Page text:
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Profile: Sarah Grueneberg Goes from TV Villain to Savior Chef

After a successful run in Chicago, she arrives to get Angelina’s Ristorante back to classic Italian cuisine.

BY March 10, 2014


Chef Sarah Grueneberg likes to use bold, declarative sentences.

“Baby spinach is the most pointless vegetable ever.”

“Every chef ’s dream is to do something small, but it rarely makes financial sense.”

And she’s definitely not one to shy away from letting emotion and food mix. In Tokyo last year with her fiancé, she cried during a dinner at Sushi Sawada—the acclaimed Michelin-starred restaurant. “It was the most amazing meal ever. You aren’t supposed to take pictures, but we did. Well, my fiancé did. I don’t like to break the rules.”

A few months into her tenure as the new executive chef at Angelina’s Ristorante in Bonita Springs, Grueneberg seems like a lot of 30-somethings who have taken control of their careers and are out to make a mark. Fresh off an extended run at Chicago’s famed Italian restaurant Spiagga, most recently as executive chef, Grueneberg came to Southwest Florida to help reinvigorate an often delicious but drifting restaurant.

“They want it to be a classic Italian restaurant, but it had sort of veered into this French-Italian area,” she says. “I’m here to bring it back to what it should be to take it back to Italy.”

For this mission, Grueneberg is uniquely suited, says Tony Mantuano, chef and owner of Spiagga and her boss for the past eight years.

“She has a dedication to authenticity that makes her special,” he says. “She really delves in and finds the best way to do whatever it is she needs to do.”

Angela Smith, who co-owns Angelina’s with her husband, Don, says that while they loved the food they were serving, things had shifted away from the original intent. Grueneberg is bringing that back, she says.

“We want people who have traveled to Italy to be able to taste a dish and say, ‘That’s exactly how it is in’ whatever town or region the dish is from,” Angela Smith says.

That means slowly changing a menu that has a lot of favorite dishes for many patrons. There is still a filet, but, to boost the flavor of the tender-but-often- bland cut, Grueneberg added ox tails. A Bolognese sauce was a big hit, but she changed the ragu. Even in dishes that remain almost identical, some set-up things have changed to either bring it back in line with traditional Italian styles or to work on adding more flavor.

“We try to do everything we can to add flavor even before cooking,” she says. So that means more brines and braises. A classic chicken dish starts with the thighs being braised until they fall apart and then using the flecks of meat and the liquid for the sauce.

Bright-eyed and effusive, wearing a blue, geometric sweater and jeans—a far cry from her normal chefs whites—Grueneberg seems nothing like the woman many people may know from Top Chef: Texas. She smiles and laughs and in general gives off a happy-to-be-here vibe that would be unexpected of the personality crafted for her by the show’s producers.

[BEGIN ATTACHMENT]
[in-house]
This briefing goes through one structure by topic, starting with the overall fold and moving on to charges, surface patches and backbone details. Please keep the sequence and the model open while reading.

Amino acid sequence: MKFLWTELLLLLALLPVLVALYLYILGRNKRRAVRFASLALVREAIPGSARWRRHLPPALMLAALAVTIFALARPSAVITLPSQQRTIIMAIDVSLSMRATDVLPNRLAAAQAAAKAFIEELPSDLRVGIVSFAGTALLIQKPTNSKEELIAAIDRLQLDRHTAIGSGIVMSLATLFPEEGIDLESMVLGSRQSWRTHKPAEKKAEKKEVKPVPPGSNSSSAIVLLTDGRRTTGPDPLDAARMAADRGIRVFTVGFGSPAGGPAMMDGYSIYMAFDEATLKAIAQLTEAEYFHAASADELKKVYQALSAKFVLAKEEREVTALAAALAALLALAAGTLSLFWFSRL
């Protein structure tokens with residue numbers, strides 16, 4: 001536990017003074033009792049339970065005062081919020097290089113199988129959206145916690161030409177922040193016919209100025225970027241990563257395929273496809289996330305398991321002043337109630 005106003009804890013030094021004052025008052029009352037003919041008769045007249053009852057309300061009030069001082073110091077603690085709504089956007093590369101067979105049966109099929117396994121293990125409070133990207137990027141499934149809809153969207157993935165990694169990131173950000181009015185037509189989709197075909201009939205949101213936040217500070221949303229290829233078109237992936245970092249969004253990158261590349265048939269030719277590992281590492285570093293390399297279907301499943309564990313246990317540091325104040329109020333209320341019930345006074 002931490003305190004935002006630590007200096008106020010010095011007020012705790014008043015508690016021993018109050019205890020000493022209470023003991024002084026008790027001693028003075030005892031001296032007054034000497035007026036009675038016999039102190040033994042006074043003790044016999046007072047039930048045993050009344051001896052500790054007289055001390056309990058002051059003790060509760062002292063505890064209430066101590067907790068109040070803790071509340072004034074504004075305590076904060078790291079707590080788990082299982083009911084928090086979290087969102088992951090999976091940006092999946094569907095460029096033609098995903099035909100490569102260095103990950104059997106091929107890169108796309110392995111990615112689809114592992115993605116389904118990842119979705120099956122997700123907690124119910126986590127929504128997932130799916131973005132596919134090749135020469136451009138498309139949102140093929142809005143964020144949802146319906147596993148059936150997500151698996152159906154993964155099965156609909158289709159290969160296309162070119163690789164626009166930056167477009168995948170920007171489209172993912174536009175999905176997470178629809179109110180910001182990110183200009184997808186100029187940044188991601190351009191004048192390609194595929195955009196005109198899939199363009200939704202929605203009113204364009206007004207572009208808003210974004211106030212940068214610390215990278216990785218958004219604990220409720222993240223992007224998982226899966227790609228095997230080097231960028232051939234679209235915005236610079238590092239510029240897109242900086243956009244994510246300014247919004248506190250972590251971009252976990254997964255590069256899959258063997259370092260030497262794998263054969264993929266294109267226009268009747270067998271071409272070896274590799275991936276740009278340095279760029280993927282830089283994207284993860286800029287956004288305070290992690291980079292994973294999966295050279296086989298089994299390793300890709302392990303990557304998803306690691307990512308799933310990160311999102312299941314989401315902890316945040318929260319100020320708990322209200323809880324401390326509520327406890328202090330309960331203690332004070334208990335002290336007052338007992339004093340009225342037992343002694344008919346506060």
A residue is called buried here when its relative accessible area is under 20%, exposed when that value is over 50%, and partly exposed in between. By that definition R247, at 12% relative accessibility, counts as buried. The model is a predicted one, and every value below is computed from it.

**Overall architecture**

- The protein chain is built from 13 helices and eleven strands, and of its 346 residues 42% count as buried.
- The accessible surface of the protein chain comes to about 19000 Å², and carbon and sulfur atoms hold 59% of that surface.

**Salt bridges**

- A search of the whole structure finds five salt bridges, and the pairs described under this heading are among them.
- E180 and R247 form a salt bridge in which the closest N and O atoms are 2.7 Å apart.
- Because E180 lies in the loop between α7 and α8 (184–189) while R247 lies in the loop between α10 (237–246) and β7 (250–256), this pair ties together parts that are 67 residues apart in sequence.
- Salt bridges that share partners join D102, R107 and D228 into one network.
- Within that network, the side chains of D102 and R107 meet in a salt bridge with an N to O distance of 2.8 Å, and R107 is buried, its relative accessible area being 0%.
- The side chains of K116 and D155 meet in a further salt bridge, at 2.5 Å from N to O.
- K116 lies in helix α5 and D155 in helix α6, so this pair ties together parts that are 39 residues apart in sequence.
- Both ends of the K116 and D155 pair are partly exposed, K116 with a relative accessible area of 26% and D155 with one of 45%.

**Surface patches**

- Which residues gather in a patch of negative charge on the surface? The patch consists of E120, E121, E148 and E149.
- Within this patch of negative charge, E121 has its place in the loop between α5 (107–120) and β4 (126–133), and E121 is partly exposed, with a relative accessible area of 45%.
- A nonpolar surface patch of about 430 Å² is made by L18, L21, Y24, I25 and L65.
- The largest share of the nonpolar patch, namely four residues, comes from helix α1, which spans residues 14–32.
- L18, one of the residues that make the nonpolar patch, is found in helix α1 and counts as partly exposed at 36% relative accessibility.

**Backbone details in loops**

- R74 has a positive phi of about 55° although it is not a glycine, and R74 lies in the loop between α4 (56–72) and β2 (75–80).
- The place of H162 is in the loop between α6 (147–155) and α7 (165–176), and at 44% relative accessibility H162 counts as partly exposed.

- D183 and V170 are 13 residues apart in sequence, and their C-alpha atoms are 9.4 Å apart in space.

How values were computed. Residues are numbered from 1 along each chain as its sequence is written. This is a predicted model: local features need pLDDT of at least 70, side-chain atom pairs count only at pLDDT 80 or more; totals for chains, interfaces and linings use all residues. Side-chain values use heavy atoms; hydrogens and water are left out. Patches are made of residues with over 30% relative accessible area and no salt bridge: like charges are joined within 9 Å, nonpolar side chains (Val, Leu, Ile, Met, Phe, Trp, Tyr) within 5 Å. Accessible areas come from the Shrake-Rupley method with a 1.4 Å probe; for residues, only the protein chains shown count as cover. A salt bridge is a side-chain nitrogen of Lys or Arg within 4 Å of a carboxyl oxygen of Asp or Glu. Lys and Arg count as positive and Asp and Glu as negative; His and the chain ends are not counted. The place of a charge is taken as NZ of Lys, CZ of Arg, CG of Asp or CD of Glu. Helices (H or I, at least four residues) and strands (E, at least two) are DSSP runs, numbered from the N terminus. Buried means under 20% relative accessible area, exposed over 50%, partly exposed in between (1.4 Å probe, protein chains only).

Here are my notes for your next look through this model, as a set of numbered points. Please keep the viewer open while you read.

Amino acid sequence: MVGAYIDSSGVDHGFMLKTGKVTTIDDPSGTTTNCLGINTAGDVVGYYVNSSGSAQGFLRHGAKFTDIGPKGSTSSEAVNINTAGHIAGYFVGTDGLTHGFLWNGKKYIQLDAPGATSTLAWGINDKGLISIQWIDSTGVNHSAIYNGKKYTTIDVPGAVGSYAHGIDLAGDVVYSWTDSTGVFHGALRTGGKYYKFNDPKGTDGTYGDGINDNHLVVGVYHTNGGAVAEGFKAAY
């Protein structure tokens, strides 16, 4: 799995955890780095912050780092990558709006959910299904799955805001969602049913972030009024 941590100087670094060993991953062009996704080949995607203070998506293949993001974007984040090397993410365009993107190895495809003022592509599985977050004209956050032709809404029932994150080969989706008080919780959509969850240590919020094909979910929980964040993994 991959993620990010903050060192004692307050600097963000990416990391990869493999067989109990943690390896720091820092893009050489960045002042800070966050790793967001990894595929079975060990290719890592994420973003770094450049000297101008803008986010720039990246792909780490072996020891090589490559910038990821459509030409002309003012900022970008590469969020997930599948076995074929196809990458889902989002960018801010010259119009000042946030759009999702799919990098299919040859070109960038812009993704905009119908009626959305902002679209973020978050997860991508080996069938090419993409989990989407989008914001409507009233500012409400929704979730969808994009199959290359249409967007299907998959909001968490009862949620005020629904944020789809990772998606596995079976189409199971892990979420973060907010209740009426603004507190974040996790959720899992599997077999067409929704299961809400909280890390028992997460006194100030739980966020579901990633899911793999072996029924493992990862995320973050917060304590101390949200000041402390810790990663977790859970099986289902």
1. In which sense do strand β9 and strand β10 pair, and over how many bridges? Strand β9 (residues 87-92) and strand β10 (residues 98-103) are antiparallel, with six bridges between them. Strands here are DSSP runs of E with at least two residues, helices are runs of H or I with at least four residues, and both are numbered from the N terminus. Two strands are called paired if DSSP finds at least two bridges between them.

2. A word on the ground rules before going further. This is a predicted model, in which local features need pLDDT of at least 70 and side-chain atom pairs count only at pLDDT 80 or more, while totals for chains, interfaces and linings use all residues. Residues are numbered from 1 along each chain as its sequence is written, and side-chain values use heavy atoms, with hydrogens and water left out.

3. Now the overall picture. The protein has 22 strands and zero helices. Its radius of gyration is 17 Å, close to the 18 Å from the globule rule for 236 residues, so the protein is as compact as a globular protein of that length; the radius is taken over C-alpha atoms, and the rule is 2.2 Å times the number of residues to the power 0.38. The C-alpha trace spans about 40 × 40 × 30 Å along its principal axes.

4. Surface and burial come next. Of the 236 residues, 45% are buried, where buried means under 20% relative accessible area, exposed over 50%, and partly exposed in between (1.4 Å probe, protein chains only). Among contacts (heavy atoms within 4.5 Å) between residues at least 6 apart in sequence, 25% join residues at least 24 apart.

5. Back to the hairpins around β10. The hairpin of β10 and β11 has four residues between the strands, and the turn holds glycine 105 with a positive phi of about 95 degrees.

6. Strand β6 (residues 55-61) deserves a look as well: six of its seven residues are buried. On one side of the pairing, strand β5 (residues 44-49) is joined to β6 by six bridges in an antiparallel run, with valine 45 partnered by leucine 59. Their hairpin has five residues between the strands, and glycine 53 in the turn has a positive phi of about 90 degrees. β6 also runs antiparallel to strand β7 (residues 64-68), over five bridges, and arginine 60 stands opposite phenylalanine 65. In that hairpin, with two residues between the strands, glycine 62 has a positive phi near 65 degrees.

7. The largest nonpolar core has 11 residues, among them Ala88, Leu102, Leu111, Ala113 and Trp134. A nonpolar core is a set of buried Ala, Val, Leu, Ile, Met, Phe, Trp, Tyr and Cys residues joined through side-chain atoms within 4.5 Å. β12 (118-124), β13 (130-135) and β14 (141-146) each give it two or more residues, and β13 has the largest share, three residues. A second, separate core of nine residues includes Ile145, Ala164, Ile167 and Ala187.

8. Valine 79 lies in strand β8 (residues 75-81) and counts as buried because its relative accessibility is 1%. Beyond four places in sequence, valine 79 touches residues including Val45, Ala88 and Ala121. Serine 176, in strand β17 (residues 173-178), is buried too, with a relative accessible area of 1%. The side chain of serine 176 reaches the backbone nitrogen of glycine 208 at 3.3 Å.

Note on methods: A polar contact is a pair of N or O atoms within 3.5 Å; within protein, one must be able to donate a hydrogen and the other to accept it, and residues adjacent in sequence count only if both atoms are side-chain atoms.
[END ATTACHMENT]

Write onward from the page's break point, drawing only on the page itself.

During her season, in which she finished second to Paul Qui, Grueneberg was often portrayed as something of a villain. (Two seasons removed, she’s just now able to watch the show. “It was just too raw still last year,” she says. “Just too many emotions. It becomes your life, that competition. So to finish close, coming in second just made it hard to watch.”)

To hear Don Smith describe Grueneberg, she is sort of a cooking Mary Poppins, making everyone around her excited about the food she is preparing.

“Her personality is infectous,” he says. “She really relishes the prospect of cooking food for people.”

Her record on Top Chef and her time at Spiagga puts her in a category of elite-level young chefs with a lot of promise.

“She’s the best of the best,” Mantuano says. “Her drive is unparalleled; she does everything at the top. Really there’s no middle ground with her.”

So why leave Chicago, which has quickly become a food Mecca, for the relative obscurity of Southwest Florida and take over an existing restaurant? For one, the timing was right. Spiagga is going through a complete renovation and will be closed for several months. And after eight years, she’d done about everything she could do there.

“She started out at the lowest level in the kitchen,” Mantuano says. “She did everything along the way, purchaser, sous chef, chef de cuisine and executive chef.”

Those increasing levels of responsibility obviously helped hone her business acumen, but put her increasingly farther from a burner.

“The whole menu/restaurant renovation idea was interesting,” she says. “But also, I came from a very corporate environment in Chicago. It’s good to get back in the kitchen. Cooking is what I love.”

And cooking she is. Every day from 11 a.m. until the restaurant opens for dinner, Grueneberg is doing actual cooking. From there on out, her role as expediter takes over. She’s made it her mission to up the game of her fellow cooks at Angelina’s, bringing in some new blood to help along the way. The Smiths have surrounded her with a team specifically brought in to learn and keep up the standards Grueneberg is creating at the restaurant, knowing they will have her for at most another season.

But there is always hope Grueneberg might stick around. While she waits on starting a place of her own in Chicago, she continues to enjoy the benefits of Southwest Florida’s more laid-back lifestyle and significantly better weather.

“I love to swim,” she says. “So being on the Gulf is a big positive.”


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